Indiana Senate Health Committee Approves Mandatory HIV Testing for Pregnant Women and Infants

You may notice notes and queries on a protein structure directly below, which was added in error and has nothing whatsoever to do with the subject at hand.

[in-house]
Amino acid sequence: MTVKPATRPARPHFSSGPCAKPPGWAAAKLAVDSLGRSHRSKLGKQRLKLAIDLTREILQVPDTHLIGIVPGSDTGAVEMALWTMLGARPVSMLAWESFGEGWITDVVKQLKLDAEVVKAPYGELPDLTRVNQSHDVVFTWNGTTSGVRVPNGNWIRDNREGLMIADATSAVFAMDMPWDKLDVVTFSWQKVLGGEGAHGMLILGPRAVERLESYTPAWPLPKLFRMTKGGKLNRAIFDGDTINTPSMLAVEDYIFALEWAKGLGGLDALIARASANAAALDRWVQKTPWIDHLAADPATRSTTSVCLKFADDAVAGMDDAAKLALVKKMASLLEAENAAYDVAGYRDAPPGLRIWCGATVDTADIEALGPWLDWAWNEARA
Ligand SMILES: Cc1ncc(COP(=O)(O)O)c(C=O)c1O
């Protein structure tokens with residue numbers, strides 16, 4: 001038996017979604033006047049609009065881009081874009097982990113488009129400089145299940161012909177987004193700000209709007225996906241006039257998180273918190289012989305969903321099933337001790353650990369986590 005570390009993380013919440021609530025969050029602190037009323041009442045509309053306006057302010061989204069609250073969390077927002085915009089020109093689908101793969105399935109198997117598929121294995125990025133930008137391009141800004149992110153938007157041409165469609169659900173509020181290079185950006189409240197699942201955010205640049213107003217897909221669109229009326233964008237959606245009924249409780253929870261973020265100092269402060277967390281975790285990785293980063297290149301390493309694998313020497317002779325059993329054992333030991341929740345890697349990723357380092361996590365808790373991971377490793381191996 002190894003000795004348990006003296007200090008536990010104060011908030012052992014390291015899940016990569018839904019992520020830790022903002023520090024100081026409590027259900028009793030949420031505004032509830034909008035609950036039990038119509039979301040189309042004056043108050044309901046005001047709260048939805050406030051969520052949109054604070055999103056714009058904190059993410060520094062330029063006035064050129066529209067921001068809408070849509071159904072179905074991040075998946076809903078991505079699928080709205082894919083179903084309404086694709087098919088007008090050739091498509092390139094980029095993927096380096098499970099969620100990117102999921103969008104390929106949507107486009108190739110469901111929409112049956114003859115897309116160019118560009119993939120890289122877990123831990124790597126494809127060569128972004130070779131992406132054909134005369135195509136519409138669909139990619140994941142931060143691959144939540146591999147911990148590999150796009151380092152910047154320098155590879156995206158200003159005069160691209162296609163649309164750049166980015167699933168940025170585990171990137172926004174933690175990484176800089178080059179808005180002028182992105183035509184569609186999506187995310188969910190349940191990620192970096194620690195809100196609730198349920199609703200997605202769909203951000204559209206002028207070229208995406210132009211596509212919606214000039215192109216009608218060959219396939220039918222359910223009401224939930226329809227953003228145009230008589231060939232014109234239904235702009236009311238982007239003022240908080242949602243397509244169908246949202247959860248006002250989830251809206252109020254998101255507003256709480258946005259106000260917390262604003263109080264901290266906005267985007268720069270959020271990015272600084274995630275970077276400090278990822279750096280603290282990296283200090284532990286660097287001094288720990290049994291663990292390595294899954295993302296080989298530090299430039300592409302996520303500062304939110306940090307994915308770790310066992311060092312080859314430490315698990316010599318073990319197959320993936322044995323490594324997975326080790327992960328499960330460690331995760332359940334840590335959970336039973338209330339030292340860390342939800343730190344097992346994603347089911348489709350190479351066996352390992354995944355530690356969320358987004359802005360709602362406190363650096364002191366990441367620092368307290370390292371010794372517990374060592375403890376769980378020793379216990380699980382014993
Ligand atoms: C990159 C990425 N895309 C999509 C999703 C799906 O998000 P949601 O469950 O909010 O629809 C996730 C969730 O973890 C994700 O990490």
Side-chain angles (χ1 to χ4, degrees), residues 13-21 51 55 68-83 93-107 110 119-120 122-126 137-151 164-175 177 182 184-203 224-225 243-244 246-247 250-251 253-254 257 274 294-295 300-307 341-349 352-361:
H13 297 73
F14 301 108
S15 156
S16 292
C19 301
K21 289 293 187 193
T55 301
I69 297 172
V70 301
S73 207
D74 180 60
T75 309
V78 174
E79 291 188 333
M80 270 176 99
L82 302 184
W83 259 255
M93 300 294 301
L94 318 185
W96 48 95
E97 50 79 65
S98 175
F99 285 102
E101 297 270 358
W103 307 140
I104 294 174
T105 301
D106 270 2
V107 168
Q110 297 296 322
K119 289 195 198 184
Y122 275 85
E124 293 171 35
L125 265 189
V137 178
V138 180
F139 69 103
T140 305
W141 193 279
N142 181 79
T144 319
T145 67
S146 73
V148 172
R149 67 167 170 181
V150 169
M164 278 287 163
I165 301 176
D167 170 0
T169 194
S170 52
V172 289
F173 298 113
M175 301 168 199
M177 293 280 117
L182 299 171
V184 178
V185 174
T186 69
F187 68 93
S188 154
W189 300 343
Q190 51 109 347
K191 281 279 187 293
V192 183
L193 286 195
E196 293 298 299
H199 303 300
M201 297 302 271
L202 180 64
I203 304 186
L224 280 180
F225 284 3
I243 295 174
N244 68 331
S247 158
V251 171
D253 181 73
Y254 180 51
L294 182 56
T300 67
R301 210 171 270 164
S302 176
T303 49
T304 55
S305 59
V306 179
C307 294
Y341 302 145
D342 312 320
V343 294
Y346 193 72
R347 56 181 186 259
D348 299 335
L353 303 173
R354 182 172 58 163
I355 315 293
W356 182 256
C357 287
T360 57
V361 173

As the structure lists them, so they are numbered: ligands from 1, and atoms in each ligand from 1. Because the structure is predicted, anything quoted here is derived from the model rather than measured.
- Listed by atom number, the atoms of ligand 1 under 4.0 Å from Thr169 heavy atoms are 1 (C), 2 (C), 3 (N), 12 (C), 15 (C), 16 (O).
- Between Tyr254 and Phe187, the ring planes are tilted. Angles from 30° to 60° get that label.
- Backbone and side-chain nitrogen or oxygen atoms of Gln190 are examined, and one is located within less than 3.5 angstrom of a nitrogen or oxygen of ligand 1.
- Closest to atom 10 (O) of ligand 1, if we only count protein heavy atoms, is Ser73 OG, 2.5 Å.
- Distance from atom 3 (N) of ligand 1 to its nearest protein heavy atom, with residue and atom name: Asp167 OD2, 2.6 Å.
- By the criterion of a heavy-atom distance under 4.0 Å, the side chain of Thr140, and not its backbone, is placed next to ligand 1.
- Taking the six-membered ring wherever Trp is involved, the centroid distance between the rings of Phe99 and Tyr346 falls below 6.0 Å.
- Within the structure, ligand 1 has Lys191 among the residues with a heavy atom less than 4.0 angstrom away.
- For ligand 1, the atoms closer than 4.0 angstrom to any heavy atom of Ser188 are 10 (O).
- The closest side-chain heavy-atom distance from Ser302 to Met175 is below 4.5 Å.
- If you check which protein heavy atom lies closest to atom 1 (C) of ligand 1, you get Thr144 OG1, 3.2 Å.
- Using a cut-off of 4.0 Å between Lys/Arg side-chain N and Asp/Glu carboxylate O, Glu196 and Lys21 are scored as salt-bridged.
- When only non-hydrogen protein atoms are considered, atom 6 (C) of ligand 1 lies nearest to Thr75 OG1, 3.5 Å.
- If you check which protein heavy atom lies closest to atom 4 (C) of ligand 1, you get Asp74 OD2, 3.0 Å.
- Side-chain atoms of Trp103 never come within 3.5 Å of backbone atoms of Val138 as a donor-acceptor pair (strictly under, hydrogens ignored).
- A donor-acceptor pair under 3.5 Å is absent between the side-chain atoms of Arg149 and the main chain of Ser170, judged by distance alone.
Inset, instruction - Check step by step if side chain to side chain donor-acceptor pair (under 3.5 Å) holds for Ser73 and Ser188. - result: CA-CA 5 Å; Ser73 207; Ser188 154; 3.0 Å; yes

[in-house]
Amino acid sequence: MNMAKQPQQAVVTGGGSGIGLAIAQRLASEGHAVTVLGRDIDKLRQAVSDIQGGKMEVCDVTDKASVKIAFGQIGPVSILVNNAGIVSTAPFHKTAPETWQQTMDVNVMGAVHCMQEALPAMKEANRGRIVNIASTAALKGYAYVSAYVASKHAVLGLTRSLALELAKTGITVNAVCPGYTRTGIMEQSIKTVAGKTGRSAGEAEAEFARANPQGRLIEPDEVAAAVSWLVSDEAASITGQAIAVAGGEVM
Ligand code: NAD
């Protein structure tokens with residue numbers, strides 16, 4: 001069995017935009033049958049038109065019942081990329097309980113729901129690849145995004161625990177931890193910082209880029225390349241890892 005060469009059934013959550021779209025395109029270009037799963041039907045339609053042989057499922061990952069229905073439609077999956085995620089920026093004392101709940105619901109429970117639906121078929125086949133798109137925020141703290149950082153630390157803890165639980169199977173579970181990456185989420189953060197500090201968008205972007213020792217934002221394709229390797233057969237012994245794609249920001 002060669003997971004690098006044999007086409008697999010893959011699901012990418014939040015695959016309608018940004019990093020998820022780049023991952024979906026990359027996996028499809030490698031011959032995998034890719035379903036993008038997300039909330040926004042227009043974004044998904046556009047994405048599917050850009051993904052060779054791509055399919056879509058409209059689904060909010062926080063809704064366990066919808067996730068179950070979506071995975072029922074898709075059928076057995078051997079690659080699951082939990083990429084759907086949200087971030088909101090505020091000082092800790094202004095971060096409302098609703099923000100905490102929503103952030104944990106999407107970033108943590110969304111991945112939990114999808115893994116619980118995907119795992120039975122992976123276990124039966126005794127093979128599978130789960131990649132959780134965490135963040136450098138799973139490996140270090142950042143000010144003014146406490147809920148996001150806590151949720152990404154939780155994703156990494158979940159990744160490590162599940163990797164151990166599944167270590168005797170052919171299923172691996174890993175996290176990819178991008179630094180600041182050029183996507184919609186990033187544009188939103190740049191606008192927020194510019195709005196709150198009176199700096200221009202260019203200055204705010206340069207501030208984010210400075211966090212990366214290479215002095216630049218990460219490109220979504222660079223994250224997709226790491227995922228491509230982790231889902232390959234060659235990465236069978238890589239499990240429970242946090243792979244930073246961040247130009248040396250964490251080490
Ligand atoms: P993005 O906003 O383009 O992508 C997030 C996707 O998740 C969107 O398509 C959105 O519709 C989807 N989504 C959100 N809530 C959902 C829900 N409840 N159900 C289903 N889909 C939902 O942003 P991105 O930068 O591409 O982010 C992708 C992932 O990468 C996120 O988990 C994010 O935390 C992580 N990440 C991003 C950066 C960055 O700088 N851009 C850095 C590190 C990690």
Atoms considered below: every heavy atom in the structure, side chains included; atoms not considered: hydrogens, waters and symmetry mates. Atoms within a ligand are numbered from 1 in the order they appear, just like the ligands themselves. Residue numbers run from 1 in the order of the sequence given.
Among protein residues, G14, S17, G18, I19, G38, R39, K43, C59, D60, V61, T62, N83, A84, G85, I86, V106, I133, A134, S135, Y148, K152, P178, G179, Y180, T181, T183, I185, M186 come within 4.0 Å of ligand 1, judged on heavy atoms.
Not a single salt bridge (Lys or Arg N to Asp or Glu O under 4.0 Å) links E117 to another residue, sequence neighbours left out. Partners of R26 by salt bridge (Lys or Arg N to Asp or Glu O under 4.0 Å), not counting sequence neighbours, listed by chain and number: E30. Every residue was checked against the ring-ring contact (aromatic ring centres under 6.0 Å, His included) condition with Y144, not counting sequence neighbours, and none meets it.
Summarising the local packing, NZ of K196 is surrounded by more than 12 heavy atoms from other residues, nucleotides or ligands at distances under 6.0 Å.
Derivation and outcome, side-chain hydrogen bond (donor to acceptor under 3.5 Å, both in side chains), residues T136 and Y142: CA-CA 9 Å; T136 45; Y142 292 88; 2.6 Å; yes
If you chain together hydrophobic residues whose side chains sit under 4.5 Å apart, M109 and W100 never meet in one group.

The Indiana Senate health committee on Wednesday voted 7-3 to pass a "controversial" bill (SB 312) that would require doctors to test consenting pregnant women for HIV, the Indianapolis Star reports. While a woman may refuse the test, her newborn infant would be tested "automatically without her consent." If an HIV-infected woman is diagnosed and treated with antiretroviral drugs during her pregnancy, her child has a 75% chance of being born without the virus, according to the Star. State Sen. Patricia Miller (R), who proposed the legislation, said that the current law, under which physicians are asked to educate women about the virus and offer a test, is insufficient. However, state Department of Health officials noted that 80% of pregnant women in Indiana are tested under the current law. State Sen. Earline Rogers (D) voted against the bill "amid concerns that it removes a woman's choice about being tested and might scare black women away from prenatal care." Rather than using mandatory testing, Rogers said that the government should emphasize education, counseling and treatment. Miller, who previously introduced two similar bills that were not approved by the committee, agreed to include in the legislation a provision for counseling to inform women about HIV and its transmission. Two other amendments were added to the bill before the committee vote -- one to ensure that test results remain confidential and the other requiring Medicaid and insurance companies to cover testing costs (Barton, Indianapolis Star, 2/1).This is part of the KHN Morning Briefing, a summary of health policy coverage from major news organizations. Sign up for an email subscription.